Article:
As in case of higher taxes (consumption taxes in Japan), I'm somewhat mixed in that I'm for the policy of matching the funding of social security and welfare expenses to consumption taxes directly as opposed putting all the tax revenues together in a big pie and disbursing them with other government expenditures but I would prefer that they do this when certain level of inflationary trend had been established in Japan's economy. In any case, this was done more to ease the population's psyche especially the elderly whereby if they purchase, they know that their money will be coming in.

    And as for the stimulation of the economy, direct payment (child allowance) didn't have meaningful effect simply because the parents just kept them without spending them. Eco Point, on the other hand, had acording to METI, had 5 trillion yen effect on the economy which indicated a good mulitiplier effect

    http://www.j-cast.com/2011/06/15098528.html

    What Japan is experiencing again, is a deflation which is the primary cause of low wages. In other words, the supply exceeds the demand. So in order to combat that, supply needs to be decreased while the demand has to be increased. To increase demand, you need more public spending and reduced tax on investments. To decrease supply, you need protection of industries/markets and shorter work hours.

    Personally, I think too much emphasis is placed on reducing the Debt/GDP by reducing the Debt figure while almost completely ignoring increasing the GDP when in fact such increase correlates to increase in tax revenues. Hence, I'm for more increased spending on public works which has been stagnant for a decade now.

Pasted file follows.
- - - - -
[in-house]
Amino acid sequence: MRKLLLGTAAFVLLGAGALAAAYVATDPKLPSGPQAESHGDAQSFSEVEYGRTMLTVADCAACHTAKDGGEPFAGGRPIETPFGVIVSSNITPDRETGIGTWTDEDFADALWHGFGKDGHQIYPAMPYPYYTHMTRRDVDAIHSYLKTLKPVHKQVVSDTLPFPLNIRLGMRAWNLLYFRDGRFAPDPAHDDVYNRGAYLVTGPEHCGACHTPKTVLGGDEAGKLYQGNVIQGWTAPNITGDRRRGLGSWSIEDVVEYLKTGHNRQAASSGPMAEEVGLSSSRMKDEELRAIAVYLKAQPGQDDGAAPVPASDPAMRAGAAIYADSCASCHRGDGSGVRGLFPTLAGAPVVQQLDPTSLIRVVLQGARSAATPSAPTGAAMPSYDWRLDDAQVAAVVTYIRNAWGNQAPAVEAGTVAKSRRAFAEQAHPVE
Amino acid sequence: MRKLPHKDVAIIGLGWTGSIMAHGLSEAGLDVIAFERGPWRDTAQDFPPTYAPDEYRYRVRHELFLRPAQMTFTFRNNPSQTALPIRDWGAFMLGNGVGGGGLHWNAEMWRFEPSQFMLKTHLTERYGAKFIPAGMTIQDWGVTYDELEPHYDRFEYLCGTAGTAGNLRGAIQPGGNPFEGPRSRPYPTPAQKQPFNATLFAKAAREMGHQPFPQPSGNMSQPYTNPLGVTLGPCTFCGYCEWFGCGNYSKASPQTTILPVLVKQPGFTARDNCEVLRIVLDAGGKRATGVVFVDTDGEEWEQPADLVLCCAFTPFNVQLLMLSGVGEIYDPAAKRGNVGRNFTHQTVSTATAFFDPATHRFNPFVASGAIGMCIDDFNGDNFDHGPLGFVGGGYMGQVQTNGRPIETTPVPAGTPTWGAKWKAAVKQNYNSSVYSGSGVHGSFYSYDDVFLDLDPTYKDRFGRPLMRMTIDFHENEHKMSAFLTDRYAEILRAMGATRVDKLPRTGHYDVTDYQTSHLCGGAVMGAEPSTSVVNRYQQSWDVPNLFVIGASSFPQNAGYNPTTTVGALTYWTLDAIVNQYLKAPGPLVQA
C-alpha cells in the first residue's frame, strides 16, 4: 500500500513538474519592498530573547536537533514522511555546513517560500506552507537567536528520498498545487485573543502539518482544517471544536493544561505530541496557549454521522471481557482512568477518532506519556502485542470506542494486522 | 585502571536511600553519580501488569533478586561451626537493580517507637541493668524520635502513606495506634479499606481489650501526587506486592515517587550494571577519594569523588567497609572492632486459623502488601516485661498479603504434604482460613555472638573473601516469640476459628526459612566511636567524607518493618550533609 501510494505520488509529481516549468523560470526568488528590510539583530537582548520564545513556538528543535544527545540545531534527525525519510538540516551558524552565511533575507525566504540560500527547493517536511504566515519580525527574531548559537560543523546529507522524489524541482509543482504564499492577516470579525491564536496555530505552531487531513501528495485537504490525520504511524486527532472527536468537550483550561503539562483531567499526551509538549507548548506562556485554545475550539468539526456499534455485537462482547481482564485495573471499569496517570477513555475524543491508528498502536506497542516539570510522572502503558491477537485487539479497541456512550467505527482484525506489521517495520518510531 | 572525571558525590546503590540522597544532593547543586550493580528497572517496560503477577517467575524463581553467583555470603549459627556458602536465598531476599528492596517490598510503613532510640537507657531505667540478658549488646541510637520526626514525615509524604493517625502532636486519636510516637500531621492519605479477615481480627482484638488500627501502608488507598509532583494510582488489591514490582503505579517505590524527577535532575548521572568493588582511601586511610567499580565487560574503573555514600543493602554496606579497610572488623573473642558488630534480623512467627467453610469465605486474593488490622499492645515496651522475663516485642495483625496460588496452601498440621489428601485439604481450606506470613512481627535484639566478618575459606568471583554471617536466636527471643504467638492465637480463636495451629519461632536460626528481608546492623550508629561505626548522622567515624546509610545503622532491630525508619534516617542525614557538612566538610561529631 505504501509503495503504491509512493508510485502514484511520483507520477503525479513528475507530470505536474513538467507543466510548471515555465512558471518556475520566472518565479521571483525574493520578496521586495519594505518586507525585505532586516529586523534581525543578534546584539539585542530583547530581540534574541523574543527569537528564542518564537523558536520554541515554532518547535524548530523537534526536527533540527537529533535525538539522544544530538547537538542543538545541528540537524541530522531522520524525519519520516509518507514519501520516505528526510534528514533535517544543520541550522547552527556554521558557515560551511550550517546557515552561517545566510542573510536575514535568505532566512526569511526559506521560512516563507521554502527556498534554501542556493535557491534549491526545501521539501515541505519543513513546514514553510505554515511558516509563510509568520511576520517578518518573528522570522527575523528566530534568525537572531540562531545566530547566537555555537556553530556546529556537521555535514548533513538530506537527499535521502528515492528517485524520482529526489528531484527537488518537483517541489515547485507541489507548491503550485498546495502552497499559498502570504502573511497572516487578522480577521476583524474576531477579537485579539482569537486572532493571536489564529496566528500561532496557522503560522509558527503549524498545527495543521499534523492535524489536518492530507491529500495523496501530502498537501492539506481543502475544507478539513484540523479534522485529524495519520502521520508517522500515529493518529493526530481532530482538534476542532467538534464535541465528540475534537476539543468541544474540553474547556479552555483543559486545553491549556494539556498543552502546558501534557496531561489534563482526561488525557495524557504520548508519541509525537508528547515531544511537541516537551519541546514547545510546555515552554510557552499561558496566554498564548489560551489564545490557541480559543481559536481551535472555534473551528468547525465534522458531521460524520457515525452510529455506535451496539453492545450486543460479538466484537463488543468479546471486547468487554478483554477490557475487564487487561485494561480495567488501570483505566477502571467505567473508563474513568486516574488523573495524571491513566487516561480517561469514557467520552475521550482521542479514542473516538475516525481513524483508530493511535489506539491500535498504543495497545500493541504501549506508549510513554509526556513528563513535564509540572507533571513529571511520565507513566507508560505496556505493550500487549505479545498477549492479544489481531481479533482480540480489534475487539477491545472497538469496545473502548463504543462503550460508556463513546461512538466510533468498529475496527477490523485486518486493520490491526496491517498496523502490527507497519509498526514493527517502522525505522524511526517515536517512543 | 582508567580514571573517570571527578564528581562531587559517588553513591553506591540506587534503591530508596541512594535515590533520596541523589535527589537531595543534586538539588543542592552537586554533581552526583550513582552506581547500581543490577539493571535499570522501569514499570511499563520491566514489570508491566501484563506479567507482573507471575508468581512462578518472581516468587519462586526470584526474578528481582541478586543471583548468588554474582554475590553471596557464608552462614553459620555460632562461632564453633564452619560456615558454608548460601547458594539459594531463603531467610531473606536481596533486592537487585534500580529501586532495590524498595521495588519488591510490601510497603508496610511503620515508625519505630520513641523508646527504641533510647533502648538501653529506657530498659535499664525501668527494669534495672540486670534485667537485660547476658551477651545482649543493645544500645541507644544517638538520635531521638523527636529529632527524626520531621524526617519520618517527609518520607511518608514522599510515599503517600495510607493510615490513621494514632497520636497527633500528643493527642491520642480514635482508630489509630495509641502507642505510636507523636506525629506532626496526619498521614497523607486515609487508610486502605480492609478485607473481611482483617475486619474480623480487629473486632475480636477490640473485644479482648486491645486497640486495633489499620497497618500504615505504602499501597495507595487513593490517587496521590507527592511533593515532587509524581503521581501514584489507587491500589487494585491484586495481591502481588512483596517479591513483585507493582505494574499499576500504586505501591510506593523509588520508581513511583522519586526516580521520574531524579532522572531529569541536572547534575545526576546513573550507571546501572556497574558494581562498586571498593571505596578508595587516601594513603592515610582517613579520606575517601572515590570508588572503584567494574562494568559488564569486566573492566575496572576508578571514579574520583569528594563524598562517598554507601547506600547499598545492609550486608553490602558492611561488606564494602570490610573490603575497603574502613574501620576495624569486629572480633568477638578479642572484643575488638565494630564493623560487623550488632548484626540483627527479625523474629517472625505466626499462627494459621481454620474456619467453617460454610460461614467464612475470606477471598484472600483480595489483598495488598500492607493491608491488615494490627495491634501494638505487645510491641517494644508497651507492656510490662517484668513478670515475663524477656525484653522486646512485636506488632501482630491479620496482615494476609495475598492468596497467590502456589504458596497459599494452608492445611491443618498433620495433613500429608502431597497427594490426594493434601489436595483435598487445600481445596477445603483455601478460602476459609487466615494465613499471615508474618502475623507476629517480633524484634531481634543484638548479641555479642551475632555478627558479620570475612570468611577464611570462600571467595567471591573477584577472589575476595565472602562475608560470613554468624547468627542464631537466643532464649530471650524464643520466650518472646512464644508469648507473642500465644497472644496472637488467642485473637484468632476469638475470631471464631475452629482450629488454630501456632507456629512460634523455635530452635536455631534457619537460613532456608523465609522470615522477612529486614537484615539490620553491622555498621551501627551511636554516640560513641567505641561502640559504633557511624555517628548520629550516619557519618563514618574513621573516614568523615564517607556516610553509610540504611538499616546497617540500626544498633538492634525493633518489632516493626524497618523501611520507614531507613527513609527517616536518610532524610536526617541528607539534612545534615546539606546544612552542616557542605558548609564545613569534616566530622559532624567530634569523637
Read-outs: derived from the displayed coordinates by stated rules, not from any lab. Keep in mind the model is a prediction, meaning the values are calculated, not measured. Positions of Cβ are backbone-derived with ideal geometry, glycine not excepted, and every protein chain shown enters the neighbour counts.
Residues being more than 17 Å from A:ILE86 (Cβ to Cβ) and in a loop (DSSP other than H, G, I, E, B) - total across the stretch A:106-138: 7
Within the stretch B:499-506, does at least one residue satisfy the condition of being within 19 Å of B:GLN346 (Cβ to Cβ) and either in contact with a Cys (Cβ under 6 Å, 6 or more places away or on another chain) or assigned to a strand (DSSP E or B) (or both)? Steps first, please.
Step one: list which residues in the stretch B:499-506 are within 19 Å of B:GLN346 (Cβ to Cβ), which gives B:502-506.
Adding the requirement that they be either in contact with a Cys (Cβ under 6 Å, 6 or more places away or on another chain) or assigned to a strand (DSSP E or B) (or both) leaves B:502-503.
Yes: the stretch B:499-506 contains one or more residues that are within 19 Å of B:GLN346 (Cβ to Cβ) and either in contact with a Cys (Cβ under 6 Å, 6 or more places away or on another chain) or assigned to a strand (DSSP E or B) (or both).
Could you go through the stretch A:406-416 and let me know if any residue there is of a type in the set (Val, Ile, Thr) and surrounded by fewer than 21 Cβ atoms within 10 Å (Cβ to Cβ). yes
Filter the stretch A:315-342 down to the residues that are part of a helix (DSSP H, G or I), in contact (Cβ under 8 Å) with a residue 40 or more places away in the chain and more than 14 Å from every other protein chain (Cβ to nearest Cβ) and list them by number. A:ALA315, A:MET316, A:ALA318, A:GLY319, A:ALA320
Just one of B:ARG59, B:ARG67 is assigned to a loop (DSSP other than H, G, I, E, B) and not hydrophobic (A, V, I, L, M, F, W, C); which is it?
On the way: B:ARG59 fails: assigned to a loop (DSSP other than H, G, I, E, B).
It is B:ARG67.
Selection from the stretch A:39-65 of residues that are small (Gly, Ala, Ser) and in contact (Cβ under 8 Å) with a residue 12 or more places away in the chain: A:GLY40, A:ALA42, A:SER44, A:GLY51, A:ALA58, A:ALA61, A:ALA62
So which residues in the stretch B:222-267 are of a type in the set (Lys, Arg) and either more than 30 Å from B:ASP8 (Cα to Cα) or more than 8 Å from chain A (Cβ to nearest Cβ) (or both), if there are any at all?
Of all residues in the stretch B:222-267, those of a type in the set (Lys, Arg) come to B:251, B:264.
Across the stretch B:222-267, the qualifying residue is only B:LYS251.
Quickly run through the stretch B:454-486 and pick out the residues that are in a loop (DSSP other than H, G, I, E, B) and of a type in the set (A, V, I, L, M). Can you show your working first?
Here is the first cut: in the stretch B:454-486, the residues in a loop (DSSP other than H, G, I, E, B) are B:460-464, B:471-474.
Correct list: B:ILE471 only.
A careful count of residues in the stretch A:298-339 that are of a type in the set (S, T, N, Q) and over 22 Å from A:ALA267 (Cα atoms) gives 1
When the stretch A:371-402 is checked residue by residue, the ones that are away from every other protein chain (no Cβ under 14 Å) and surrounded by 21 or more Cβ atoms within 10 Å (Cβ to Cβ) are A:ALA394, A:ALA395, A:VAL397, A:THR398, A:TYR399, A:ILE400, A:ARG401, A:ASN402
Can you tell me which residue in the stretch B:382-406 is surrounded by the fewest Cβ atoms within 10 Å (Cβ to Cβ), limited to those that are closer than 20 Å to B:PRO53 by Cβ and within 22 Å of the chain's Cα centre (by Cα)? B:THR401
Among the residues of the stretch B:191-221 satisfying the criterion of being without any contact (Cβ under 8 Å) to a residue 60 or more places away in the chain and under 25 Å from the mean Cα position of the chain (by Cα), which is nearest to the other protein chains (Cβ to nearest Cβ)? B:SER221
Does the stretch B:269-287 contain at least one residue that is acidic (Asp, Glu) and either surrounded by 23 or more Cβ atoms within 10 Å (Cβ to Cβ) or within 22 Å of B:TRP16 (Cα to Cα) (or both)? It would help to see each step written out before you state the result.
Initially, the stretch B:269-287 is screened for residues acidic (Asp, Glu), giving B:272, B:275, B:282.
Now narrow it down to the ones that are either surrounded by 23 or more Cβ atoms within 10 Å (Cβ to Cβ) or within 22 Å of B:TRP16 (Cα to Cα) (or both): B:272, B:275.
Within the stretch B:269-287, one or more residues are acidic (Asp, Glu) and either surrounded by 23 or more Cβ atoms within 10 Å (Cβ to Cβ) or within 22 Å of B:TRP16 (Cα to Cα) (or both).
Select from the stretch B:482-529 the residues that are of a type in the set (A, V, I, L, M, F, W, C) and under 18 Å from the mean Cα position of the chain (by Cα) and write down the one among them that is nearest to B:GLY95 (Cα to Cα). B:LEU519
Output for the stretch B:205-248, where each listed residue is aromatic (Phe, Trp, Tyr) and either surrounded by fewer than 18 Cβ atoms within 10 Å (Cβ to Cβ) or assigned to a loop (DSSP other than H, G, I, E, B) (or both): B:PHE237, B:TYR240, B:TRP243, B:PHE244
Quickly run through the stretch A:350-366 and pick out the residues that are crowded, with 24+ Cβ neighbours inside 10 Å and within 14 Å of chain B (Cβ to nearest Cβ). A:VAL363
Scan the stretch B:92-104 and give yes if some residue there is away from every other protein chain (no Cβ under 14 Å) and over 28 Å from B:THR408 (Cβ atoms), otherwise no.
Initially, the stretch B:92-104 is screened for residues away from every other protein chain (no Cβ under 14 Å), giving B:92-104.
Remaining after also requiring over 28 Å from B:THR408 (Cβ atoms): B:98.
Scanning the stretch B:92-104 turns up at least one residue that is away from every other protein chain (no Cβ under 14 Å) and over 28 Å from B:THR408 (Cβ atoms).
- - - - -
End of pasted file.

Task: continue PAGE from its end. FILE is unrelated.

• -2

    saidani

    Hence, I really don't agree with the "debt" of the government also being the debt to the nationals per capita for the simple reason that debt to one party is an asset to another and in this case, Japanese themselves. As I have stated numerously on similar subject, this is why I stated that Japanese debt, in essence, is a net sum zero game on Japan's balance sheet.

    It is not a zero sum game if the debt is paid off by future generations via higher taxes which represents opportunity losses for them or if the debt is either devalued through monetization or defaulted, in which case of the latter two, the debt holders absorb the losses. In all cases, the economy suffers. That is the nature of debt overhang on the economy.

    Eco Point, on the other hand, had acording to METI, had 5 trillion yen effect on the economy which indicated a good mulitiplier effect

    Yes, but these types of stimulus merely steals purchases from the future. The proof of that is the collapse of the auto market and flat panel TV's after the subsidies ended.

    To increase demand, you need more public spending and reduced tax on investments. To decrease supply, you need protection of industries/markets and shorter work hours.

    Increased public spending (infrastructure, education, and welfare, etc.) has been the policy in Japan for two decades. We're still looking for the light at the end of the tunnel. In fact, industry is reducing the hours of workers but that only means fewer full time jobs and has no effect on supporting income which are declining. Nearly 50% of Japan's workforce is either unemployed or working less than full time hours. The protection of the domestic markets has resulted in a lack of competition and entrepreneurship. Additionally, it creates strong political special interests (JA, Keidanren, public service unions, etc) which tend to resist real reforms.